The lands and waters of the Mid-Atlantic Region (MAR) have changed significantly since before the 16th century when the Susquehannock lived in the area. Much has changed since Captain John Smith penetrated the estuaries and rivers during the early 17th century; since the surveying of the Mason-Dixon Line to settle border disputes among Maryland, Pennsylvania, and Delaware during the middle of the 18th century; and since J. Thomas Scharf described the physiographic setting of Baltimore County in the late 19th century. As early as 1881, Scharf provides us with an assessment of the condition of the aquatic ecosystems of the region, albeit in narrative form, and already changes are taking place a the conversion of forests to fields, the founding of towns and cities, and the depletion of natural resources. We have always conducted our work with the premise that amana is part of, and not apart from, this ecosystem and landscape. This premise, and the historical changes in our landscape, provide the foundation for our overarching research question: how do human activities impact the functioning of aquatic ecosystems and the ecosystem services that they provide, and how can we optimize this relationship?Tiner RW (2003) Dichotomous keys and mapping codes for wetland landscape position, landform, water flow path, and ... Rutgers University Press, New Brunswick, NJ, 330pp Townsend CR (1989) The patch dynamics concept of stream community ecology. J N Am ... Can J Fish Aquat Sci 53:99a105 Vannote RL, Minshall GW, Cummins KW, Sedell JR, Cushing CE (1980) The river continuum concept.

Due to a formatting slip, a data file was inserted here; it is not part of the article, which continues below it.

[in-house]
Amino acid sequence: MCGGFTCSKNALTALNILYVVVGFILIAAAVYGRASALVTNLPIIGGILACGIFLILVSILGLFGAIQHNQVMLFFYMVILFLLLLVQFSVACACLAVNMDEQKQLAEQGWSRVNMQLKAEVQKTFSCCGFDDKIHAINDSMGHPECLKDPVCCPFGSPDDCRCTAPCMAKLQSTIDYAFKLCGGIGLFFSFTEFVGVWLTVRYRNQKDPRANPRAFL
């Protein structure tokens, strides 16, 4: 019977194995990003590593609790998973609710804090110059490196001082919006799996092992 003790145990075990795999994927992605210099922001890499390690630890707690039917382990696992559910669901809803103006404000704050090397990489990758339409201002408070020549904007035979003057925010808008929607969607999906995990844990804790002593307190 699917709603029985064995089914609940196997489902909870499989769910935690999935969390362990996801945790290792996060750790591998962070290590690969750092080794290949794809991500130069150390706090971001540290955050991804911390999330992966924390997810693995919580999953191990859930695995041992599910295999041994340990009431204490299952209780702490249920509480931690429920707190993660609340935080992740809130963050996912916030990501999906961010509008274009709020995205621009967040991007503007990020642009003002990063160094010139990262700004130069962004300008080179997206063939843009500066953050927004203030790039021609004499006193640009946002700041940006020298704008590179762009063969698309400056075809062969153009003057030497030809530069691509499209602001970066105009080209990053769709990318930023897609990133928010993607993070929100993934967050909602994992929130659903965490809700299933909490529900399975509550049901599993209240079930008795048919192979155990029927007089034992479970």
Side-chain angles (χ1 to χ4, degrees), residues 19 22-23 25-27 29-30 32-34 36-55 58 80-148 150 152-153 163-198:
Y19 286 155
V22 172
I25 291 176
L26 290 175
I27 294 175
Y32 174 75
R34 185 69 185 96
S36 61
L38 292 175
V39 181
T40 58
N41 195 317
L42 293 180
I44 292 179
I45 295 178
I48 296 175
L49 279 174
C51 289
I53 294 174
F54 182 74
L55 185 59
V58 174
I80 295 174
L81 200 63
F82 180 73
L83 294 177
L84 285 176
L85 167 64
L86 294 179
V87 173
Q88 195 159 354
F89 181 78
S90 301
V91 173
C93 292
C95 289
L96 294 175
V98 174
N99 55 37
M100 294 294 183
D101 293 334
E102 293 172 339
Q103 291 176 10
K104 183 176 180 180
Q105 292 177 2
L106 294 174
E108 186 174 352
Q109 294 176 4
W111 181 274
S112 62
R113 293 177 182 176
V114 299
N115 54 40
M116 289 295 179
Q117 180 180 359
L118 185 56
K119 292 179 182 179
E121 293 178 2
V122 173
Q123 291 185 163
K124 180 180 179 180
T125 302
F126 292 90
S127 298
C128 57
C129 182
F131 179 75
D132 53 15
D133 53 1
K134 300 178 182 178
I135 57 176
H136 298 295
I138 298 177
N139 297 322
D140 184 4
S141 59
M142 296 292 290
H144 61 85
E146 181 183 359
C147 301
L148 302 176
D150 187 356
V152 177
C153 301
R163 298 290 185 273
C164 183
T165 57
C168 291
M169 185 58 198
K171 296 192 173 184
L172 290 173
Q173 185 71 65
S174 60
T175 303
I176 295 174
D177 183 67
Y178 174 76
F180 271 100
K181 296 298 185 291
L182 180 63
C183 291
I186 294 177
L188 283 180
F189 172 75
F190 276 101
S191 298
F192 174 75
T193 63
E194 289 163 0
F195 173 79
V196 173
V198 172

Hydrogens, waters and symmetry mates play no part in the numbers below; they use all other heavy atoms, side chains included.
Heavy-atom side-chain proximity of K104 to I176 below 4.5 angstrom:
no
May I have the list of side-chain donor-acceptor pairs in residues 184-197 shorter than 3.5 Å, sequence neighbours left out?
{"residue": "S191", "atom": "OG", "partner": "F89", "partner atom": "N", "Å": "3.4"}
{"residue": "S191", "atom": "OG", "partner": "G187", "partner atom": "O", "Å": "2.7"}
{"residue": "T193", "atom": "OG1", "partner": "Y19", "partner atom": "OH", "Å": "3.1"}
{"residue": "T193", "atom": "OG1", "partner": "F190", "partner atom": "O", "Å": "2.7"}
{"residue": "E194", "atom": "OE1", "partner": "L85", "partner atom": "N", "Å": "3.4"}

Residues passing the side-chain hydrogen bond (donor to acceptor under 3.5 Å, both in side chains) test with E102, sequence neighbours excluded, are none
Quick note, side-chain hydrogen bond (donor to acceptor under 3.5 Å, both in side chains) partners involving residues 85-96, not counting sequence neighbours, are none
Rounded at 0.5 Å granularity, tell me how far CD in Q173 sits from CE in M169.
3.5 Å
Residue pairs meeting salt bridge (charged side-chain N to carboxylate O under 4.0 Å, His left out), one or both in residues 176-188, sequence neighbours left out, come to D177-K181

|Title||:||Mid-Atlantic Freshwater Wetlands: Advances in Wetlands Science, Management, Policy, and Practice|
|Author||:||Robert P. Brooks, Denice Heller Wardrop|
|Publisher||:||Springer Science & Business Media - 2013-01-25|